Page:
Depending on the timing and duration of the exposure, you can produce female sheep with male genitals, you can cause the part of their brain that controls hormones (the hypothalamus) to behave as if it were male rather than female (resulting in impaired fertility and endocrine disorders), or you can change part or all of the courtship and mating behaviour of the animal from female to male. All these things can be changed independently of each other too, so you can produce sheep with severely masculinised genitals but normal female behaviour, or normal-looking female sheep who behave as if they are male.
If external testosterone applied partway through pregnancy can cause a female fetus to partially develop as male, then logic and commonsense says that the reverse must be true too: exposing a male fetus to testosterone-blocking drugs partway through pregnancy should produce someone who is biologically male, but has partially developed as female. Depending on the timing and duration of the exposure, you should get similar effects to those observed in the sheep experiments: genital abnormalities where the exposure takes place fairly early in the pregnancy, endocrine disorders where it occurs somewhat later, and feminized behaviour where it occurs later still.
This is where things get controversial, because although to my knowledge no experiment involving testosterone-blocking drugs has been conducted on sheep, it has (inadvertently) been conducted on human beings. Millions of them.
Since the first synthetic hormones were developed at around the time WW2 began, literally millions of nominally male people have been born who were exposed before birth to medical treatment with female hormone derivatives that have testosterone-blocking effects, in doses more than sufficient to shut down testosterone production in an adult man. Has there been any effect on these people?
Based on what I’ve seen of the effects of the earliest of these synthetic hormones, the artificial estrogen diethylstilbestrol (or DES), the answer is yes. I’m fairly sure the effects are due to suppression of testosterone because they appear to mirror what happened in those sheep experiments, the only differences being that it’s males rather than females that are affected, and it’s people not sheep we’re talking about!
Just as with the sheep experiments, there seem to be three main groups of effects: intersex-related genital abnormalities; fertility problems and hormonal abnormalities (hypogonadism); and behavioural and psychological peculiarities that suggest female brain development has taken place. Here’s a list of the things that seem to commonly be associated with DES exposure:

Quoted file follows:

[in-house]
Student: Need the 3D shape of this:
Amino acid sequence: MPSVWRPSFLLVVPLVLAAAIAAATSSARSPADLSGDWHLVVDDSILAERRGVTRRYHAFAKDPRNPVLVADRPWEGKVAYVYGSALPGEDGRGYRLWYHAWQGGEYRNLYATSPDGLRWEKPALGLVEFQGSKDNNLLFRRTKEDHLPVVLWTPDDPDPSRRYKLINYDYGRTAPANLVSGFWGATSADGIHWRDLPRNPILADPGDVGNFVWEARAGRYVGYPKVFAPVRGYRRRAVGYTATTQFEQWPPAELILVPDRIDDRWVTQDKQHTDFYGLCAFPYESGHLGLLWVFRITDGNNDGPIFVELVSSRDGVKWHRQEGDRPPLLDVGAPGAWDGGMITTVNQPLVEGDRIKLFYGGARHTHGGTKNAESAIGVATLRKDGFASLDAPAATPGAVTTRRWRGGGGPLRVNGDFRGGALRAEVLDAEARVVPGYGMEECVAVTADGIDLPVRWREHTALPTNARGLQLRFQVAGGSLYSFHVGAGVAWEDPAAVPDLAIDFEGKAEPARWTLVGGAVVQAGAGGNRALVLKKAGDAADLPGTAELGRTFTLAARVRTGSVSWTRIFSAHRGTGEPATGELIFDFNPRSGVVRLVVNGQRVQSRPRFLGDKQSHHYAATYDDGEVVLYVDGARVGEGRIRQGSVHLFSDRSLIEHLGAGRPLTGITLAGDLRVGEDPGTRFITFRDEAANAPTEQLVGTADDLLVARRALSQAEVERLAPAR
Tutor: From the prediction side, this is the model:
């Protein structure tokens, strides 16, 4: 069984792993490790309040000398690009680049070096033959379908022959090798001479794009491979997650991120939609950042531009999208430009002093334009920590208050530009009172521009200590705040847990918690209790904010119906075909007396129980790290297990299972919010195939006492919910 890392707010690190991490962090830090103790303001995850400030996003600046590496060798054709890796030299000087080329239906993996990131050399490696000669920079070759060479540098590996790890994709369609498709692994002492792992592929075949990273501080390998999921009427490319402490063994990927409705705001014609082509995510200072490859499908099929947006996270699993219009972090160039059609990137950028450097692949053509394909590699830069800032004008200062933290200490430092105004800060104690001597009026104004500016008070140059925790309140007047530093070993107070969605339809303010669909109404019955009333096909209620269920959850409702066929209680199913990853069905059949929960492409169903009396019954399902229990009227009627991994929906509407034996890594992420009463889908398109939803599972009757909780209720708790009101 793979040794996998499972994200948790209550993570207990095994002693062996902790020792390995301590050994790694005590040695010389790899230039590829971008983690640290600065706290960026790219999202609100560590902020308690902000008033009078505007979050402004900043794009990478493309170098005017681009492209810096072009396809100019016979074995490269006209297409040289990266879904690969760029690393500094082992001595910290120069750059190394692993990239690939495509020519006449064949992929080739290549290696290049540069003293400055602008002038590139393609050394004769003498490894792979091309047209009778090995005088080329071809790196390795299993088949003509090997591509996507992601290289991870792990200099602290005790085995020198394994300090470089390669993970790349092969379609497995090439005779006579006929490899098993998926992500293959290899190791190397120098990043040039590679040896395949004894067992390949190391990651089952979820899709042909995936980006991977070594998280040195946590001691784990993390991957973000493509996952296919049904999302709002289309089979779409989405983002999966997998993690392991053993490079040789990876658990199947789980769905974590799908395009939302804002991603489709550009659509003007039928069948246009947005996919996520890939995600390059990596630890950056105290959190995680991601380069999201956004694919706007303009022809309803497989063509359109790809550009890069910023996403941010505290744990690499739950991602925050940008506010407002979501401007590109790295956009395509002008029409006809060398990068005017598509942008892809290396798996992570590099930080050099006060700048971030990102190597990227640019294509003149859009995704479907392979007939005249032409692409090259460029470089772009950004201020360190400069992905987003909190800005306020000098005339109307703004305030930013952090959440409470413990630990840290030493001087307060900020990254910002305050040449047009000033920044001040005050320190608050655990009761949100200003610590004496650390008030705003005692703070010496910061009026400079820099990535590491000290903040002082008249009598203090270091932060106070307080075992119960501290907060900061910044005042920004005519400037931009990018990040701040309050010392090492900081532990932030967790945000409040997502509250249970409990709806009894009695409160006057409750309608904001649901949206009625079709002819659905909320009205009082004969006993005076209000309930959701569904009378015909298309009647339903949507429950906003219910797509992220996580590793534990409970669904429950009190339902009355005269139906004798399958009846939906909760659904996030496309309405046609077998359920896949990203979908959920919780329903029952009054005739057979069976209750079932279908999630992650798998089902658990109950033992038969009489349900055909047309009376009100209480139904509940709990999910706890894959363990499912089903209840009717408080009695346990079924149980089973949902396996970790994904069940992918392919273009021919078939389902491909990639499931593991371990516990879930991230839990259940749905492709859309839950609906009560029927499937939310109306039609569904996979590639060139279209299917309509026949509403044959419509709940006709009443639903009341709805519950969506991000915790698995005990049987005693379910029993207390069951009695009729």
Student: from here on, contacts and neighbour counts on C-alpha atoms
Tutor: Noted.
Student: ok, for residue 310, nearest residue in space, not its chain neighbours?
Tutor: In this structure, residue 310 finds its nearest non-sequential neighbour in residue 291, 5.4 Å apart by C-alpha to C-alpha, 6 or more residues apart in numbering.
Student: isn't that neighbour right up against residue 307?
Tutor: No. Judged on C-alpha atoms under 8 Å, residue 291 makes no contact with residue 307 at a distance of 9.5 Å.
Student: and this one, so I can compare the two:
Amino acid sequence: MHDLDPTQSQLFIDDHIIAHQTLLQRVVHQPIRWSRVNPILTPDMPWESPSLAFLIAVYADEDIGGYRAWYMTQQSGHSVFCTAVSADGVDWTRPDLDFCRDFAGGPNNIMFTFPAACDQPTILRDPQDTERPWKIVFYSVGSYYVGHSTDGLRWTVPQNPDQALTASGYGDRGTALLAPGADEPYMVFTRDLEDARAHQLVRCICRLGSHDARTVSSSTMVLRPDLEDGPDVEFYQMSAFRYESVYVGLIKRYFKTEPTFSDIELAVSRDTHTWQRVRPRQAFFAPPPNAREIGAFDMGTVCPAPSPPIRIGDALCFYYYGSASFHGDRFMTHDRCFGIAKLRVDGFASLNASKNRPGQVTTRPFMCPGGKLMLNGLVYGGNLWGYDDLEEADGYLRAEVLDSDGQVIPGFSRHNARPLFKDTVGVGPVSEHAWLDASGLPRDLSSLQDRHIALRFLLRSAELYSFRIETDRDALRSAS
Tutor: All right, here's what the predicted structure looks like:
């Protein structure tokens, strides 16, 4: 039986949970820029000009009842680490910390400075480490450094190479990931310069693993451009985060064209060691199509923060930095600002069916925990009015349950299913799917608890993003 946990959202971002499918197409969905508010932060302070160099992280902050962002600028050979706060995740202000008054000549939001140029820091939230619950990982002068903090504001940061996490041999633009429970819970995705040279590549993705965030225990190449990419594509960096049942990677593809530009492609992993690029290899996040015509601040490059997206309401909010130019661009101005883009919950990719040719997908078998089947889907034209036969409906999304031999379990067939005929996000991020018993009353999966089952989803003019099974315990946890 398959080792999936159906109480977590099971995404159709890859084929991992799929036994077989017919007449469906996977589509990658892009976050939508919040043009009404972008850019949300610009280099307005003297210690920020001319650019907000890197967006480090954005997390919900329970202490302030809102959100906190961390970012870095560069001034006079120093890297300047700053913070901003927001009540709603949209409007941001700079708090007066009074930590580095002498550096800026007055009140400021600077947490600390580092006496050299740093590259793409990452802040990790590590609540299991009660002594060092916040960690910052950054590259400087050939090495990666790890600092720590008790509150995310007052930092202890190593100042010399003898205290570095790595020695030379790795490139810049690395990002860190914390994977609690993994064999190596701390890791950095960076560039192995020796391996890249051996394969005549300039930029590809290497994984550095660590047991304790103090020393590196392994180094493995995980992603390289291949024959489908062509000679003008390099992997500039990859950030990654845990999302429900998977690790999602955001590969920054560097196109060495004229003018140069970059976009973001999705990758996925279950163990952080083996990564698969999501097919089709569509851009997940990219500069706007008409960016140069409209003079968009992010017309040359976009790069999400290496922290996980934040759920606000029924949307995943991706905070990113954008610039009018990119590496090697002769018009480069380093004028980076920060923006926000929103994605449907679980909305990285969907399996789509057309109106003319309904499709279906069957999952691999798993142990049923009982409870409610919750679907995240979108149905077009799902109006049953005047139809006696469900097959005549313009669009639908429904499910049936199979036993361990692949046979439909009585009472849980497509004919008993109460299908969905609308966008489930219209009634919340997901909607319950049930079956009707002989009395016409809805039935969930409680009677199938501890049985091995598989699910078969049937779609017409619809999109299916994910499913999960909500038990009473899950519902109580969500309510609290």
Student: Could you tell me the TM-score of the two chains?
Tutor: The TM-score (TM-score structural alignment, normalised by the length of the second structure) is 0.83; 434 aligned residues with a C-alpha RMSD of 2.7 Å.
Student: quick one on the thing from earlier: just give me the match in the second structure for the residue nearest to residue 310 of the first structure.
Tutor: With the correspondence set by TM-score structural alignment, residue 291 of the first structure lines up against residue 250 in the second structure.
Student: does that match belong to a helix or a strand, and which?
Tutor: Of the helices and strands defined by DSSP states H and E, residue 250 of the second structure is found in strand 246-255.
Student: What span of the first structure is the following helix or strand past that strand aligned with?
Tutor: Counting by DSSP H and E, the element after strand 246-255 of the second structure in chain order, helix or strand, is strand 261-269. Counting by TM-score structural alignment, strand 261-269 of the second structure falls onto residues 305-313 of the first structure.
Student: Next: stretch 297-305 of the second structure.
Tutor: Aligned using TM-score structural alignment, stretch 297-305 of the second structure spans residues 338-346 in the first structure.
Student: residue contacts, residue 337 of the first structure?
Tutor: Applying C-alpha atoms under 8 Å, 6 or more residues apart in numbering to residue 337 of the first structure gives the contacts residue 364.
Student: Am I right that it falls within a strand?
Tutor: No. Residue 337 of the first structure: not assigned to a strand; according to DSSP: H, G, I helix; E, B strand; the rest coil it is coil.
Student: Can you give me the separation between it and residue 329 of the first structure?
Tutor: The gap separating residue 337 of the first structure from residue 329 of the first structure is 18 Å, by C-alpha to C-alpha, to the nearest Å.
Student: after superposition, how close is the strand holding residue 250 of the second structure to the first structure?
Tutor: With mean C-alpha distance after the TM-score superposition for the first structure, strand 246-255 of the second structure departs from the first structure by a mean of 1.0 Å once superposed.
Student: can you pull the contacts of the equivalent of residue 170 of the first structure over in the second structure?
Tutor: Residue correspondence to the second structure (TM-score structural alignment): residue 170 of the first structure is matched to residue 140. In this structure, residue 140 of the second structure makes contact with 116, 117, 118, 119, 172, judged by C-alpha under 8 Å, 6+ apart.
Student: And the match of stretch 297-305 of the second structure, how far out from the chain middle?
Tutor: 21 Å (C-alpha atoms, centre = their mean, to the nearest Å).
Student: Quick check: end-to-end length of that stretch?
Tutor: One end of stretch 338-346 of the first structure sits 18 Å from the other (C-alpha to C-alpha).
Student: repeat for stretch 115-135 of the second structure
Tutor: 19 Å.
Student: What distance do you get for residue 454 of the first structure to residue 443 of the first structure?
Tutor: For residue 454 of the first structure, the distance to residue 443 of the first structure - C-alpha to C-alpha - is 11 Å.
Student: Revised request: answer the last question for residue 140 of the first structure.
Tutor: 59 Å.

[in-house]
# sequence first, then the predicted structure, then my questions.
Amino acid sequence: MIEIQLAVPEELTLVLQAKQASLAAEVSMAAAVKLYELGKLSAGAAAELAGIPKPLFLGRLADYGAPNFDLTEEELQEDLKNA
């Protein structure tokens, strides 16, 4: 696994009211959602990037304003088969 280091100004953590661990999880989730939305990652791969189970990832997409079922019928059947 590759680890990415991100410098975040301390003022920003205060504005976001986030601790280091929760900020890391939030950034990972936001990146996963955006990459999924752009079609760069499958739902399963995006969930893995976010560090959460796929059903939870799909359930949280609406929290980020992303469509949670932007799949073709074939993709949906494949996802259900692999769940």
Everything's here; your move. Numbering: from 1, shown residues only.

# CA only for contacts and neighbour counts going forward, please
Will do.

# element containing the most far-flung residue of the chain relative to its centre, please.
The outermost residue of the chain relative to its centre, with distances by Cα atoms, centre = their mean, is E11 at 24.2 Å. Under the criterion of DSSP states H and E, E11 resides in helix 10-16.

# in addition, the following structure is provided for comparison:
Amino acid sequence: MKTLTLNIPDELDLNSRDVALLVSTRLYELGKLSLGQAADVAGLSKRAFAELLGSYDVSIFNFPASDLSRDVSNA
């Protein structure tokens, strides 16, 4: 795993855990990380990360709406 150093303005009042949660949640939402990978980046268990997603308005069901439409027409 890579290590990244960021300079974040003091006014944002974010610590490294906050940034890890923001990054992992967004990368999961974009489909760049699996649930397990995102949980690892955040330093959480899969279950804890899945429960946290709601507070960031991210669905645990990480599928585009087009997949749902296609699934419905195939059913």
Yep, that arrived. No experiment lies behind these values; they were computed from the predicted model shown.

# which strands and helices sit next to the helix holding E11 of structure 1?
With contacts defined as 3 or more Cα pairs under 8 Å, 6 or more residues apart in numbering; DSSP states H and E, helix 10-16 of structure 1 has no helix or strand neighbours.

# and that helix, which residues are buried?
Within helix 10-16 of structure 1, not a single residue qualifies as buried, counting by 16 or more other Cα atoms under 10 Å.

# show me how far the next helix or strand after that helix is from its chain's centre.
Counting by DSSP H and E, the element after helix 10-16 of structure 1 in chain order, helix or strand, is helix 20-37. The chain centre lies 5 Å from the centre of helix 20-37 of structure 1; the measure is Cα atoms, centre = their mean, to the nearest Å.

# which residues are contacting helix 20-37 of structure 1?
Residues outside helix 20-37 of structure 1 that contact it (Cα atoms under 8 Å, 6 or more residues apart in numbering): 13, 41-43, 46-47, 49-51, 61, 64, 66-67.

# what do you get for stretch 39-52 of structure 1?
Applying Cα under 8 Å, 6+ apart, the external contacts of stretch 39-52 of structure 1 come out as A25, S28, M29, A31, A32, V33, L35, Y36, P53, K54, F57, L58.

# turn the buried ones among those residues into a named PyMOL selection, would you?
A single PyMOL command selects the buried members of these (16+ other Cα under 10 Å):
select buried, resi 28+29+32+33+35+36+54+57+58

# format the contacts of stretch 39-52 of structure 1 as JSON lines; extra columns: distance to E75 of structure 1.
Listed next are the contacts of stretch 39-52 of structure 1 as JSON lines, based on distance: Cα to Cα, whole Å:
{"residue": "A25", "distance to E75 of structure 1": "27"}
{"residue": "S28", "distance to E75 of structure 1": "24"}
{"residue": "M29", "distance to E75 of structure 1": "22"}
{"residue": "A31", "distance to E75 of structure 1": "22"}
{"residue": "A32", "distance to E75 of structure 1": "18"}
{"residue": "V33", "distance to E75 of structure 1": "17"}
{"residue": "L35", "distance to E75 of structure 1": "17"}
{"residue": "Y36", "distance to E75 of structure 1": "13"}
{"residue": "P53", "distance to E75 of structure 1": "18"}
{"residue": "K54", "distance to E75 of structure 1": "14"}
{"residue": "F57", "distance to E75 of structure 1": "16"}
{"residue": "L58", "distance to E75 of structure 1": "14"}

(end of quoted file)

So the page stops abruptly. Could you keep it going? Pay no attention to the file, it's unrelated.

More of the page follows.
Born between 1940 and 1971 (US) or 1980 (elsewhere)
Mother with a previous history of miscarriages; diabetes; other risk factors such as being in her 40s
Micropenis – a fully formed but considerably shorter than normal penis
Epididymal cysts of the testicles (these are apparently Mullerian remnants – fragments of female tissue that would have been absorbed in normal male development)
Vestigial female organs or organ remnants
Intersexed genitals similar to grade 3 PAIS
Other genital abnormalities (in my case a hydrocele)
Later in life:
Feminine-looking facial features, developing a body structure that’s more like the female members of your family than the male ones
Other symptoms of low testosterone such as a lack of body hair, gynecomastica and an inability to build upper body muscle
Very shy, socially passive behaviour as a teenager
Difficulty forming friendships with boys; having a special affinity with girls
Being bullied a lot; having an inability to fight back
Having no interest in sport
People tending to assume you’re gay; lots of men being attracted to you
Identifying as a woman, or part of you identifying as a woman while another part identifies as a man
To my knowledge, only one study specifically looking at the effects of DES exposure on gender identity has ever been conducted. It found that 150 out of 500 known or suspected DES sons were pre- or post-operative transsexuals, a rate hundreds of times higher than the rate for the male population as a whole:
“Prenatal exposure to diethylstilbestrol (DES) in males and gender-related disorders: Results from a 5-year study”
It makes me wonder how much of the transgender phenomenon of recent years is actually due to prenatal exposure to synthetic hormones.
Another recent study (produced by the organisation Hhorages France), confirms a link between prenatal exposure to synthetic hormones (DES, ethinyl estradiol or progestins) and serious psychiatric disorders, suicides, and intersex-related somatic disorders:
My suspicion is that the main cause of the psychological problems and suicides found in the Hhorages study was probably gender dysphoria, but that France has a culture in which gender identity issues are even more taboo than is the case in the US, hence the study authors (or perhaps even the families of those affected) have found themselves unable to talk about it.
Although DES itself is no longer used, some of the hormones in the Hhorages study are still quite widely used as treatments in cases of threatened abortion, and in pregnancies where there’s though to be a risk of premature birth.